Then there’s the pickup factor, namely Ford’s popular F-150 Lightning electric pickup truck. The first users deployed their electrified microphones for emergency power supply as the Texas grid suffers from one extreme weather event after another, adding even more weight to the electric vehicle case.
Planning ahead for an EV future
ERCOT is also interested in the transition to renewable energies. In October 2020, the agency partnered with something called the Global Consortium for Power System Transformation. The G-PST consortium aims to overcome the barriers to integrating more renewable energy into the grid, and of course electric vehicles play an important role in this effort.
The G-PST platform collaboration with ERCOT includes other heavyweights on the global grid operator scene, including Australian Power Market Operator, UK National Grid Operator , the California Independent System Operator, the Irish System Operator and the Danish System Operator, as well as many other operators in markets around the world including Africa, Asia, Eastern Europe and Latin America, as well as a set of institutional technology partners.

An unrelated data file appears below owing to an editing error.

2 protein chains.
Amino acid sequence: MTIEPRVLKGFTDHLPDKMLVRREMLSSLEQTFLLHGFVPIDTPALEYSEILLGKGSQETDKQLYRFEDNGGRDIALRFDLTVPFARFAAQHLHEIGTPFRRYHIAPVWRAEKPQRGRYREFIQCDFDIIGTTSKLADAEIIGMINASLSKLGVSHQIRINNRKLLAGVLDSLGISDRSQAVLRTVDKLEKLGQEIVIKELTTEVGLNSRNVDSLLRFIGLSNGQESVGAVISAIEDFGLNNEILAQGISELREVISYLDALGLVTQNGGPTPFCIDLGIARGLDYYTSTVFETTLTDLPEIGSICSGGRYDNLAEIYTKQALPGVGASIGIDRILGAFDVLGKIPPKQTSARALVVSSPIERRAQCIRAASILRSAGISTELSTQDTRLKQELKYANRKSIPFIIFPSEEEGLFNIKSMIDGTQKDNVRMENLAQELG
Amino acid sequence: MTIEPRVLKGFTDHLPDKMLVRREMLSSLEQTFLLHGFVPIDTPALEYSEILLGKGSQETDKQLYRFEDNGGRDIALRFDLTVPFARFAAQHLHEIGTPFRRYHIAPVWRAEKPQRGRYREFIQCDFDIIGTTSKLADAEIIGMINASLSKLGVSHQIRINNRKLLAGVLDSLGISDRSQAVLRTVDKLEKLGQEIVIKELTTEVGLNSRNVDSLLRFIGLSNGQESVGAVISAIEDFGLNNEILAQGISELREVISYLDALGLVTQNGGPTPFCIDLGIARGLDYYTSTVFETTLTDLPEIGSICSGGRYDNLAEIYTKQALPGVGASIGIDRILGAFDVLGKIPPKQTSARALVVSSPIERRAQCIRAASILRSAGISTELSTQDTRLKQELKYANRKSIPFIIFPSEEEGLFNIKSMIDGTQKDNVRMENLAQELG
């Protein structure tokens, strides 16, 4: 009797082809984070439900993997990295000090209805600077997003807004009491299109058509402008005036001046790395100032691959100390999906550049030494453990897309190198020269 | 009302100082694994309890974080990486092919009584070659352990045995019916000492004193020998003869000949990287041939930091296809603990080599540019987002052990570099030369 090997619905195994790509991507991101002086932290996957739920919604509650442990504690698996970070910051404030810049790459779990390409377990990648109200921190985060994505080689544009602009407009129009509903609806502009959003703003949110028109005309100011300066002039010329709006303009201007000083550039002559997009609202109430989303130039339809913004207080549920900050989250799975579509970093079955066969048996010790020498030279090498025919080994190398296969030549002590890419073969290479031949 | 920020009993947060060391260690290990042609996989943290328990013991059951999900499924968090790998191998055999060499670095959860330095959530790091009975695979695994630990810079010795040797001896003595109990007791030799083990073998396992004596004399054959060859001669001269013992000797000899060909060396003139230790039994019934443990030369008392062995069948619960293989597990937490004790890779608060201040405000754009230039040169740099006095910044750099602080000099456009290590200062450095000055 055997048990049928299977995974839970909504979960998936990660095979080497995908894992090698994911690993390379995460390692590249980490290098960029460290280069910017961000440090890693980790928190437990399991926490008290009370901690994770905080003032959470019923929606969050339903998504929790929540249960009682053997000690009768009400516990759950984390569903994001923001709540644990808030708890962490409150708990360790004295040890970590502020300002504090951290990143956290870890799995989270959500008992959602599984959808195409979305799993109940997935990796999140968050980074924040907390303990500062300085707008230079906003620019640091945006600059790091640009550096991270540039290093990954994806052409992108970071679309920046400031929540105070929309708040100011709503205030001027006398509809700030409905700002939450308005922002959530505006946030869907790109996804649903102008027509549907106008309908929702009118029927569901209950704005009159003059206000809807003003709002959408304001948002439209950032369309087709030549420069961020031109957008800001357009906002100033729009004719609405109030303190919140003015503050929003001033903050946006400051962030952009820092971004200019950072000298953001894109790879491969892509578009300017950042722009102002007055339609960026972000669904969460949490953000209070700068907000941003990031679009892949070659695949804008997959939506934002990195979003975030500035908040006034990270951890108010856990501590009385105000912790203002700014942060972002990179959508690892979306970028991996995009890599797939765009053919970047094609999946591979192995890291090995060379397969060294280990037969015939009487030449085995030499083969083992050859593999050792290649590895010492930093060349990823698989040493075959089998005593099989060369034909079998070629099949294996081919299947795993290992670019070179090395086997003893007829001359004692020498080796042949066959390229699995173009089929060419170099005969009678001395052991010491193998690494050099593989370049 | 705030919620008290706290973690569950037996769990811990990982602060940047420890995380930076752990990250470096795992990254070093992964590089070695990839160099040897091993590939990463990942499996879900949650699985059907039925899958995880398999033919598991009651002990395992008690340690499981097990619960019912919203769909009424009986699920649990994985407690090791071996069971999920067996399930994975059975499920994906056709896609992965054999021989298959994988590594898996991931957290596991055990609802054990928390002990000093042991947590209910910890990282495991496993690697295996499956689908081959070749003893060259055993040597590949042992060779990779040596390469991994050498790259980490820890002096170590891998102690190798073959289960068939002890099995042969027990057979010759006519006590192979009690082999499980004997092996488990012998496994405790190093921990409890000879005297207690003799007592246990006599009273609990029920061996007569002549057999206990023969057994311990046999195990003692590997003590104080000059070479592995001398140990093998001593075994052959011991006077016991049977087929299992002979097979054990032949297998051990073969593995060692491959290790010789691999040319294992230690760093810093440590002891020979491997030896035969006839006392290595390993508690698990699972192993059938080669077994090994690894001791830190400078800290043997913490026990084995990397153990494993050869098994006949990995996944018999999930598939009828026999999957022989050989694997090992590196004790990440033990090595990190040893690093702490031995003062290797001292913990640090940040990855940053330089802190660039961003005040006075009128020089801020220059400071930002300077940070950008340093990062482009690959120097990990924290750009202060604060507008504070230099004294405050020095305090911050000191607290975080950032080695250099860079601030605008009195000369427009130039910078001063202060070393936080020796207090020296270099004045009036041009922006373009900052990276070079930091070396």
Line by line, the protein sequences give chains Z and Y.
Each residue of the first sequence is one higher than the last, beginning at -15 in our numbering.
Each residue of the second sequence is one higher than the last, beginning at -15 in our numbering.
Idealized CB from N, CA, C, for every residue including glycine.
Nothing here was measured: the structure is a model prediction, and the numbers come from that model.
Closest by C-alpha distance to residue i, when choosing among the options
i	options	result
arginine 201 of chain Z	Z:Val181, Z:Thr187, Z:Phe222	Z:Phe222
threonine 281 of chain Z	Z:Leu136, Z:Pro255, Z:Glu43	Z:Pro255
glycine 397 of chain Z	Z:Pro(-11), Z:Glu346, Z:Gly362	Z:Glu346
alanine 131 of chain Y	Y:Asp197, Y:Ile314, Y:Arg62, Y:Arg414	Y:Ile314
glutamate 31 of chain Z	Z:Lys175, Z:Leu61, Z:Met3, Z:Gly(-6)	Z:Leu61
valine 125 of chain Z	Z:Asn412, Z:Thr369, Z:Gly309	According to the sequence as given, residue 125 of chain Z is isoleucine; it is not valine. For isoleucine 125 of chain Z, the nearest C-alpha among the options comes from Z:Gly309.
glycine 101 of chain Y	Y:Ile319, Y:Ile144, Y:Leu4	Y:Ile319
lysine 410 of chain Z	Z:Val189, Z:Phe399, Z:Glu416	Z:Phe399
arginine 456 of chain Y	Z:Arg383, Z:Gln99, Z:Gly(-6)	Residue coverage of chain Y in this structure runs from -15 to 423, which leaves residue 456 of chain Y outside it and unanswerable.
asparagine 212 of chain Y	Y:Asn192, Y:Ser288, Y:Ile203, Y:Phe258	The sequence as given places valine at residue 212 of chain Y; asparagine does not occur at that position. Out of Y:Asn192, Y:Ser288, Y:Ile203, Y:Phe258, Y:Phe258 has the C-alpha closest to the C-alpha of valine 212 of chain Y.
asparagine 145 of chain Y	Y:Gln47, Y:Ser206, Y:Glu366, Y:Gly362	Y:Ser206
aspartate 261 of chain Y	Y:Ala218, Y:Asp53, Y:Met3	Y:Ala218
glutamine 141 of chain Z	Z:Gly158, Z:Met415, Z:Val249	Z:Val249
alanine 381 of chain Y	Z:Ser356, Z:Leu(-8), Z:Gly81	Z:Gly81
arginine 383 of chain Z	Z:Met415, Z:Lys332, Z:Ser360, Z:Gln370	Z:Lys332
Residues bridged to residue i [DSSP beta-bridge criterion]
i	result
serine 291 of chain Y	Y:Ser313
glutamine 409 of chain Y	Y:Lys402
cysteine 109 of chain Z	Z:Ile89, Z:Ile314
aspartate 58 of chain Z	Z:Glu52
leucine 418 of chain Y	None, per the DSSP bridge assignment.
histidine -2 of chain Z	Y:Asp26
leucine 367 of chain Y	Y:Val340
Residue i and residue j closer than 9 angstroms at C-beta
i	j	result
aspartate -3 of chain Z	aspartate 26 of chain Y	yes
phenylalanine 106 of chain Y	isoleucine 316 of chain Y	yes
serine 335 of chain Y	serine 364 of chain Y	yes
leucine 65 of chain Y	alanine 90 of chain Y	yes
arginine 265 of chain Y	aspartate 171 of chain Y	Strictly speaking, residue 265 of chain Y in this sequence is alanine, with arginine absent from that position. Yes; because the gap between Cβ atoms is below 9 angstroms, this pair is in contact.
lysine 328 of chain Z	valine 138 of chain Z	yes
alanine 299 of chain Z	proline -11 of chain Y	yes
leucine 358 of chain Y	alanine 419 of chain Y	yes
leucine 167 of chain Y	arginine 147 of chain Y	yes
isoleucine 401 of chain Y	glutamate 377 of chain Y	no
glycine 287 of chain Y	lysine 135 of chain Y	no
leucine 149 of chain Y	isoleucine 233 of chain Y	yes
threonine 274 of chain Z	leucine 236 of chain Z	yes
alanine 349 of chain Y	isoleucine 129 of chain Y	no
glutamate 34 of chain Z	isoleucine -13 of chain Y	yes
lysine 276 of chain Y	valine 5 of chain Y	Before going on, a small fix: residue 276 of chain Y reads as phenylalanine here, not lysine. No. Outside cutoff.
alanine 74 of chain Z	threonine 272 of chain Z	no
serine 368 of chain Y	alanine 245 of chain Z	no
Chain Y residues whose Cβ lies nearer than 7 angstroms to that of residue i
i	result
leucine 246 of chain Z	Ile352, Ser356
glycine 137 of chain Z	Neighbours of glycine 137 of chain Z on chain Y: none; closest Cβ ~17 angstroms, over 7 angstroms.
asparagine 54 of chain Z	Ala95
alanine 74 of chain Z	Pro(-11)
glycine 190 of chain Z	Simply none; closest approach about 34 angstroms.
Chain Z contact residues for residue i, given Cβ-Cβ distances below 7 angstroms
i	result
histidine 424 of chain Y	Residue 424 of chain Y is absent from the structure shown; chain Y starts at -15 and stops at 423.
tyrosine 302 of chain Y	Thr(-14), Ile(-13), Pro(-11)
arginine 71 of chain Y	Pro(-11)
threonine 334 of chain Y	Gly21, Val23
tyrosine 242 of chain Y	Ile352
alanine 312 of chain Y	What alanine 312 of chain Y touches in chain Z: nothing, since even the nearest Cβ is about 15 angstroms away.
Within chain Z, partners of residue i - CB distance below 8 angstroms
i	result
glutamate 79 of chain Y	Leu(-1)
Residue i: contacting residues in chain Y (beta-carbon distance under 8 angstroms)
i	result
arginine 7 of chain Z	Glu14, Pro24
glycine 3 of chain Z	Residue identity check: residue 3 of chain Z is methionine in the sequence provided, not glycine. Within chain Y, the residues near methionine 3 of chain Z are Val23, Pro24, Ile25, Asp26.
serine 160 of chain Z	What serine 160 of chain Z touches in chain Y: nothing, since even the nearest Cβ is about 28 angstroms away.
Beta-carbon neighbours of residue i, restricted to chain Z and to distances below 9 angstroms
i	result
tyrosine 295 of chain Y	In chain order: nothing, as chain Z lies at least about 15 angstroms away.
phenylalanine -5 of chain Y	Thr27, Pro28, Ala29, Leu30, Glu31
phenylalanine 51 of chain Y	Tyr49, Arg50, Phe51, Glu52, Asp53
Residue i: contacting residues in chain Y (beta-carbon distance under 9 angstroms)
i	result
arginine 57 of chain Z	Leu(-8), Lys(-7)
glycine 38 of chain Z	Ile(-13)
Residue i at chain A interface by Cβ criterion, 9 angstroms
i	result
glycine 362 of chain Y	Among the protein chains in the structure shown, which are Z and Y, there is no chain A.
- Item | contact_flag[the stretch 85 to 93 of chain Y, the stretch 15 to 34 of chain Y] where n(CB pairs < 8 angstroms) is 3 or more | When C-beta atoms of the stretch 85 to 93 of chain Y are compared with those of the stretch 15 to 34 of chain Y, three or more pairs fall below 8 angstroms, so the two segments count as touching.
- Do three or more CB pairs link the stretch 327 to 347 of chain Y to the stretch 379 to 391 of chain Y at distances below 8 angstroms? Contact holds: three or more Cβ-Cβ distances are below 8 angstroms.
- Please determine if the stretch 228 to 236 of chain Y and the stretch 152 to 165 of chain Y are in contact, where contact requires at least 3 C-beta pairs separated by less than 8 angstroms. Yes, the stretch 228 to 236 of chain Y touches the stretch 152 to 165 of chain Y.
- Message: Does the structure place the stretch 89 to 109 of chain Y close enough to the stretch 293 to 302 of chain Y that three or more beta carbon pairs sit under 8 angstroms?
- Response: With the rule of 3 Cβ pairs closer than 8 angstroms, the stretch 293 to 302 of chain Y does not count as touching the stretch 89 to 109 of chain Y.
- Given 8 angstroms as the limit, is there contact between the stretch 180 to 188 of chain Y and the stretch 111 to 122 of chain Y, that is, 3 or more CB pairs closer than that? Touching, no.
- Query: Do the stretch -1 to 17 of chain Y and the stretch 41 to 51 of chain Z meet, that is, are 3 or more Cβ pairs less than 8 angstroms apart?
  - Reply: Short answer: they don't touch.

Workforce Development in Texas: It’s Complicated
So this is where it gets interesting, because no mention of Texas is complete without a mention of Republican Gov. Greg Abbott and his Republican allies in the state legislature, who have been at the center of efforts to reduce everyone with a womb has the status of a government-owned, community-watched procreation vessel.
Texas enacted new restrictions on access to abortion last fall, before the Dobbs anti-abortion ruling handed down by the six Republican-appointed justices of the United States Supreme Court last June.